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Sherri Keaton, Published July 26 2010

Mentorship program builds lasting relationships

Logan Salberg curled his right arm close to his body, and with the strength that only a 10-year-old could muster, he pitched the first ball last Wednesday evening at the RedHawks game. His “big brother,” Brett Tillman, 23, of Fargo, watched behind in eager anticipation for his “little’s” throw.

“It feels good because I am excited (to have pitched),” said the 10-year-old Fargo resident. “I think I did good.”

The pair is part of the Big Brothers Big Sisters program of the Village Family Service Center, 501 40th St. S., Suite 201, Fargo. The program serves about 120 children who are matched with 120 volunteers in the program. The BBBS program serves the F-M, West Fargo and Dilworth area.

Tillman and Salberg have known each other for almost a year and a half. But their bond has become one that could last a lifetime.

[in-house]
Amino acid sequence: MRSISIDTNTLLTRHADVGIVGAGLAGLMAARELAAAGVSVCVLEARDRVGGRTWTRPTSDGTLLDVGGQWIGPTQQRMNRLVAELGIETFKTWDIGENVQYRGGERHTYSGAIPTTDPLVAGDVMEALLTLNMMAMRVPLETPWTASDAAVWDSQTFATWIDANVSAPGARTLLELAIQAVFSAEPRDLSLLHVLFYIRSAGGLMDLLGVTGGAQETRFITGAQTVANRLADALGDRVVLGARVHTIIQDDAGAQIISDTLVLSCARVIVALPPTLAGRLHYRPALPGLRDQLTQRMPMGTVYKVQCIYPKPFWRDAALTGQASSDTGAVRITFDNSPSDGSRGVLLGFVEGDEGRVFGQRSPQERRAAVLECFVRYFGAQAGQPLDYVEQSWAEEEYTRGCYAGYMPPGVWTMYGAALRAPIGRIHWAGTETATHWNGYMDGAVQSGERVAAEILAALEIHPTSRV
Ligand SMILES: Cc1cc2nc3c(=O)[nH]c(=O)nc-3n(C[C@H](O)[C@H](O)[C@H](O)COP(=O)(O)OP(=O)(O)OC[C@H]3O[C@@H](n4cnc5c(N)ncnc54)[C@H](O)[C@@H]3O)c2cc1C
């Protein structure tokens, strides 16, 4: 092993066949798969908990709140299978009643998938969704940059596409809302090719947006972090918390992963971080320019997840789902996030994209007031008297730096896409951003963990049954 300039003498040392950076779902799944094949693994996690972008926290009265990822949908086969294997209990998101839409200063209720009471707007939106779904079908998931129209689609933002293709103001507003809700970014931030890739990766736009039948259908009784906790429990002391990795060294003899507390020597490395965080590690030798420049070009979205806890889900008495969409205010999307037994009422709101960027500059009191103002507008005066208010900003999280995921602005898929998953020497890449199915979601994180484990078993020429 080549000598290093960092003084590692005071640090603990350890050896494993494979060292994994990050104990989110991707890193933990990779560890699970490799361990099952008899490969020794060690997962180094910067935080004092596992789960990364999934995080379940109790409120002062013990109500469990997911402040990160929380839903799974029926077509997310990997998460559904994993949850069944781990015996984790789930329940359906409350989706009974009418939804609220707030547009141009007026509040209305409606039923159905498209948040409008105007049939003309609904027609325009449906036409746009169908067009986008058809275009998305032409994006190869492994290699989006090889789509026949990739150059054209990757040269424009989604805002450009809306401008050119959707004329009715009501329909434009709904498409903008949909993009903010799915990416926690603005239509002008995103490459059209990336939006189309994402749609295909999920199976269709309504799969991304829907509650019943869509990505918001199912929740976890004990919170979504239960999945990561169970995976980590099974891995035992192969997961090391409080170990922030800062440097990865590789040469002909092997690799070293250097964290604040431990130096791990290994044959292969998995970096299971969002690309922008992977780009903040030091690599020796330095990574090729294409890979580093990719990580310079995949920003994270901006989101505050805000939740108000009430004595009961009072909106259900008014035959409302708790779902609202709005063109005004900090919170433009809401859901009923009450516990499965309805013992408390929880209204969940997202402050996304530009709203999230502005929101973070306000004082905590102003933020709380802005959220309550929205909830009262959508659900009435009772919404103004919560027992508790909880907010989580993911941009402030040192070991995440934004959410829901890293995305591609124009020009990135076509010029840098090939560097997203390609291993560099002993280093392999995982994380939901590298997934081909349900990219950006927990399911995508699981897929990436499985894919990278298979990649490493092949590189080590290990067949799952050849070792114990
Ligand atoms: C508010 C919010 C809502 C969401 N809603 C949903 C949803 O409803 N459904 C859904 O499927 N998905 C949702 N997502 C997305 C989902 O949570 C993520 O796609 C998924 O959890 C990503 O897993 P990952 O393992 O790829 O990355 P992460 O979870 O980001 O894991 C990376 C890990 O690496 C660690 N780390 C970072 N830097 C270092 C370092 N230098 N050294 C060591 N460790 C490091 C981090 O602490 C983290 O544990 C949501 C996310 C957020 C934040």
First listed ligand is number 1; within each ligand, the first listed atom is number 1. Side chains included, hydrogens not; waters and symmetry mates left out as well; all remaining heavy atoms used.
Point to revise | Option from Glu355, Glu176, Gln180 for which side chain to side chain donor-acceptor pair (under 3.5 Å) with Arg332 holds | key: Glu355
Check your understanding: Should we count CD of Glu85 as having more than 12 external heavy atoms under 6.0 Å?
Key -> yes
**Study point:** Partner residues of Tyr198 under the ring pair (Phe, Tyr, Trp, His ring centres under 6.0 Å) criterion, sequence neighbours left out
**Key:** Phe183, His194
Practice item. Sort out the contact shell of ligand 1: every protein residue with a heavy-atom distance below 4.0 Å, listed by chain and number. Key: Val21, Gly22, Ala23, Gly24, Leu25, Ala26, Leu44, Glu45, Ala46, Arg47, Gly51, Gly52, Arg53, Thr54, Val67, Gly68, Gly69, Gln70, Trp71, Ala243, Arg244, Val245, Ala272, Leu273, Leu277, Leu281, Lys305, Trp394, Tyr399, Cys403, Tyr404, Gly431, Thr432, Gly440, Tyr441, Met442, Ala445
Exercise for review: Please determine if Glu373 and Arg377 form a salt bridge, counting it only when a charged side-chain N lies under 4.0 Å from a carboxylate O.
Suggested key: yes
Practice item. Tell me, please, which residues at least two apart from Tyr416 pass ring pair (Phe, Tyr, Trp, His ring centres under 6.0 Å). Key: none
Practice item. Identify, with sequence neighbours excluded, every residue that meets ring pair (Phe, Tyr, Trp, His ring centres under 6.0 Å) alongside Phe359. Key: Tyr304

Tillman said at first Salberg was on the quiet side, but he’s now opened up after they’ve become friends. Tillman said this relationship taught him connecting with a stranger can be rewarding.

“You really do form this bond,” Tillman said, “(this) connection and trust you won’t really anticipate. You just get a lot of unexpected, nice surprises over the years.”

BBBS is a national mentoring program that requires donating as little as four hours out of the month to a “little,” doing common activities like going out for ice cream or to a museum.

“I would recommend this to anyone,” Tillman said. “There is definitely a need.”

Currently, there are 14 girls and 48 boys waiting to be matched in the program.

“We tend to get more boys referred to us for our services,” said Susan Smith, program director of BBBS. “Most of them are living with their moms and looking for that male role model.”

Smith said now the program has a staff capacity and they want to find more male volunteers to serve more children. “It has always been one of our challenges in recruiting male volunteers,” she said.

This year, the program could be serving about 200 children, approximately 50 fewer children than last year, unless more volunteers sign up.

“Our two challenges are always funding and the need for volunteers,” she said. Because BBBS doesn’t charge a fee for their services, they rely on the community for both, she said. “The volunteers get just as much out of (BBBS) as the kids do.” she said. “And the relationship – you’re not only there for a child, making that impact in (his or her) life, but (the child) going to be impacting yours as well.”


Readers can reach Forum reporter Sherri Keaton at (701) 235-7311